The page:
Edward Watson is an exceptional dancer – the Royal Ballet has never before shown us an artist of such very different and distinctive powers. His physique is lean as a greyhound’s. His line, that way in which a dancer’s body displays and explores choreography, is as taut, as wiry and, at times, as nervously questioning as Egon Schiele’s in probing character, in finding a truth about movement and dynamics, just as Schiele discloses personality or a state of mind.
In recent seasons Watson has made an indelible mark on his every role, be it as a chillingly scary teacher in The Lesson, as the manipulative brother in MacMillan’s My Brother, My Sisters, or in the plotless (but somehow plot-full, in Watson’s performances) developments of Balanchine’s Four Temperaments or MacMillan’s Gloria, or in the introversions of Wayne McGregor’s Chroma.
This season Watson has been cast as Rudolf in Mayerling, and I was knocked sideways by his second performance on Tuesday night. Here was the role as never seen before, a pale and haunted princeling whom we know at once is at odds with his world beneath a superficial elegance of manner, his actions marked by a neurotic bravado that ill masks the nervous terrors that drive him on.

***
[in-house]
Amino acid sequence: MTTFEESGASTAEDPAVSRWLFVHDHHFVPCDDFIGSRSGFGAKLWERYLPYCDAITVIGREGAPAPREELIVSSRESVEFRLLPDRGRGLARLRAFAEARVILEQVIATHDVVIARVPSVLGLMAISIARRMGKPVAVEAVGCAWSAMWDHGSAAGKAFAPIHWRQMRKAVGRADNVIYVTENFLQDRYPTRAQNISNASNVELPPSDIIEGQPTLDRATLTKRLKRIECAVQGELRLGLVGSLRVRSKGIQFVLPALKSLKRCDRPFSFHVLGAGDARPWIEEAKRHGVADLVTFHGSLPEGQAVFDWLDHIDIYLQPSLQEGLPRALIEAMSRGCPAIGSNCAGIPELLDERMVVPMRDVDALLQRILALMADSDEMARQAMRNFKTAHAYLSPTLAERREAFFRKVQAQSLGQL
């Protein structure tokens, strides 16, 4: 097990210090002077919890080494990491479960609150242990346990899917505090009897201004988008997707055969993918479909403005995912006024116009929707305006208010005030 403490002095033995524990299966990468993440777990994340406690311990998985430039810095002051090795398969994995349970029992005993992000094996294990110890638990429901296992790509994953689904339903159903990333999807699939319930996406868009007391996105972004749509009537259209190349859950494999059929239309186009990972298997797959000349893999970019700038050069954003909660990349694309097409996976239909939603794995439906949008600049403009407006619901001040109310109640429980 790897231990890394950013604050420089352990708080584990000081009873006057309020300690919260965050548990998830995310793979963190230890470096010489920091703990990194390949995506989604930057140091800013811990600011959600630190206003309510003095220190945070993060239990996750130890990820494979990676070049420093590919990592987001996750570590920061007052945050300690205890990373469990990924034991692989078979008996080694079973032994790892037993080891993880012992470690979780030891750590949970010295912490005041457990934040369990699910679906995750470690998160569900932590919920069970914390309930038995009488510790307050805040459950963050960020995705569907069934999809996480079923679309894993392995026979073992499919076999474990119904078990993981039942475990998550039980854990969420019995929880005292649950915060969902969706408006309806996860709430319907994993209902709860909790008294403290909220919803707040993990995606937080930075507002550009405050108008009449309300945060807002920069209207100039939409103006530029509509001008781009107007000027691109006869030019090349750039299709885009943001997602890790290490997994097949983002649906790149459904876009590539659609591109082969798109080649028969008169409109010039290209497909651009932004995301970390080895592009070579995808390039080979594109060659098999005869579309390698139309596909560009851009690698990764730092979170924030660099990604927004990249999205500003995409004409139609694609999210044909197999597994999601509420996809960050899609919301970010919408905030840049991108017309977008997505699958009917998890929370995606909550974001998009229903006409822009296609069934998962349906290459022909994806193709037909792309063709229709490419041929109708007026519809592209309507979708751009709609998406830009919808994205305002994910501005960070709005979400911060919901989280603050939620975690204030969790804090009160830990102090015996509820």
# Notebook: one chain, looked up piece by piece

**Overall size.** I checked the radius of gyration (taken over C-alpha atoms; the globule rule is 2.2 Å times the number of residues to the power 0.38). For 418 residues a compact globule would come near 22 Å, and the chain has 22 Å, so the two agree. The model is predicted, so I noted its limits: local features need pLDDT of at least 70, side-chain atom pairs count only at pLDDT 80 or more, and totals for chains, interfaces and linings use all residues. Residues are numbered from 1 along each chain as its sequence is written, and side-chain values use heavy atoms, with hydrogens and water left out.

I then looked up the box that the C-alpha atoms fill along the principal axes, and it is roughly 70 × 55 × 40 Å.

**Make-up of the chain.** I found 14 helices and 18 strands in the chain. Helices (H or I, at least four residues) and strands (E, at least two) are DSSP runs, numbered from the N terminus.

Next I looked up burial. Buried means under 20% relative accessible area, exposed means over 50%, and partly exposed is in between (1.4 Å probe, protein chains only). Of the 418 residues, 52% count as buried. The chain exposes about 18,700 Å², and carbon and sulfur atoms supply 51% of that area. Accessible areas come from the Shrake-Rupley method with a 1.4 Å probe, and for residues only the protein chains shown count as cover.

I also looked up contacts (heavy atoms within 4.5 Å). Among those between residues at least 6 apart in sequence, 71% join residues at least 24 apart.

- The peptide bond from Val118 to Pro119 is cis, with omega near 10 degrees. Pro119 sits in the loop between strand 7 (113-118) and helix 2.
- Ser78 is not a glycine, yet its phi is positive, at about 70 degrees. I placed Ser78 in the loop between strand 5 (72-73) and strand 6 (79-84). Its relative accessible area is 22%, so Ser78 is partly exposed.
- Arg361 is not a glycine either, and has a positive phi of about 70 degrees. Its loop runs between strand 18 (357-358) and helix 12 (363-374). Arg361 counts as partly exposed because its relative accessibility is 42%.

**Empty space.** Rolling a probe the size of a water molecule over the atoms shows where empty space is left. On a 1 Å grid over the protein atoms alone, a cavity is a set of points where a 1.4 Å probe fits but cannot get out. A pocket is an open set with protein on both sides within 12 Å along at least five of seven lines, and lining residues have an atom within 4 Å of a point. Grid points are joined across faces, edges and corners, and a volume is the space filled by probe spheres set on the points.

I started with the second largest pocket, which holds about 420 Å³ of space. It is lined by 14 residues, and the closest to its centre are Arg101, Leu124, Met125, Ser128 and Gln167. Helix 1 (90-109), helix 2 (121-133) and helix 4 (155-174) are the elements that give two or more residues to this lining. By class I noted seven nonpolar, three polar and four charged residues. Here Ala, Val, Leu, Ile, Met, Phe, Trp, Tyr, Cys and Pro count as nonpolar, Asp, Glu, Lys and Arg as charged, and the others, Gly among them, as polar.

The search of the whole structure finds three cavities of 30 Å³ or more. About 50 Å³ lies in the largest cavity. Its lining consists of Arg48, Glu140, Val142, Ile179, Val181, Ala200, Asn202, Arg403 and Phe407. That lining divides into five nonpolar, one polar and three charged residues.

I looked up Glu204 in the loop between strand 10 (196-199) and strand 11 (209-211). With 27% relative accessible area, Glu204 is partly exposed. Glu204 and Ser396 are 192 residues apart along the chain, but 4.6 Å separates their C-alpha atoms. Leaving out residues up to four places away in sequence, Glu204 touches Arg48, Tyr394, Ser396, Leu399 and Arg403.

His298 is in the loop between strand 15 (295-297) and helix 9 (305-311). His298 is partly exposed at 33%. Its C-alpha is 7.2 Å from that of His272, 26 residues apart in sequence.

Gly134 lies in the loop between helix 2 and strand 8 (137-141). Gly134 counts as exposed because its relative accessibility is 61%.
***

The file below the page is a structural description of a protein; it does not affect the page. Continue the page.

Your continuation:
Watson’s physical line unfurls and drives through the dance like a scalpel, seeking Rudolf’s every symptom of mania. The key incident is the closet scene with the Empress Elizabeth (superbly taken by Cindy Jourdain), where Rudolf’s anguished appeals are greeted with the mother’s frozen inability to respond.
Watson’s vulnerability here, and the final dreadful glance back at the Empress as Rudolf leaves for his wedding night, partake of the highest theatrical art: we know we are watching a prodigious dance-actor.
Everything else, each terrifying twist and subterfuge of Rudolf’s behaviour (and of MacMillan’s dances, which seem new-minted by Watson) springs from this incident, and Watson has the psychic and physical strength to drive the role and the ballet to its terrible conclusion.
Here is rare, heart-tearing, heart-lifting artistry and we are privileged to watch it. The company performances (Mara Galeazzi and Sarah Lamb ideally good as Mary Vetsera and Mme Larisch) were very fine.
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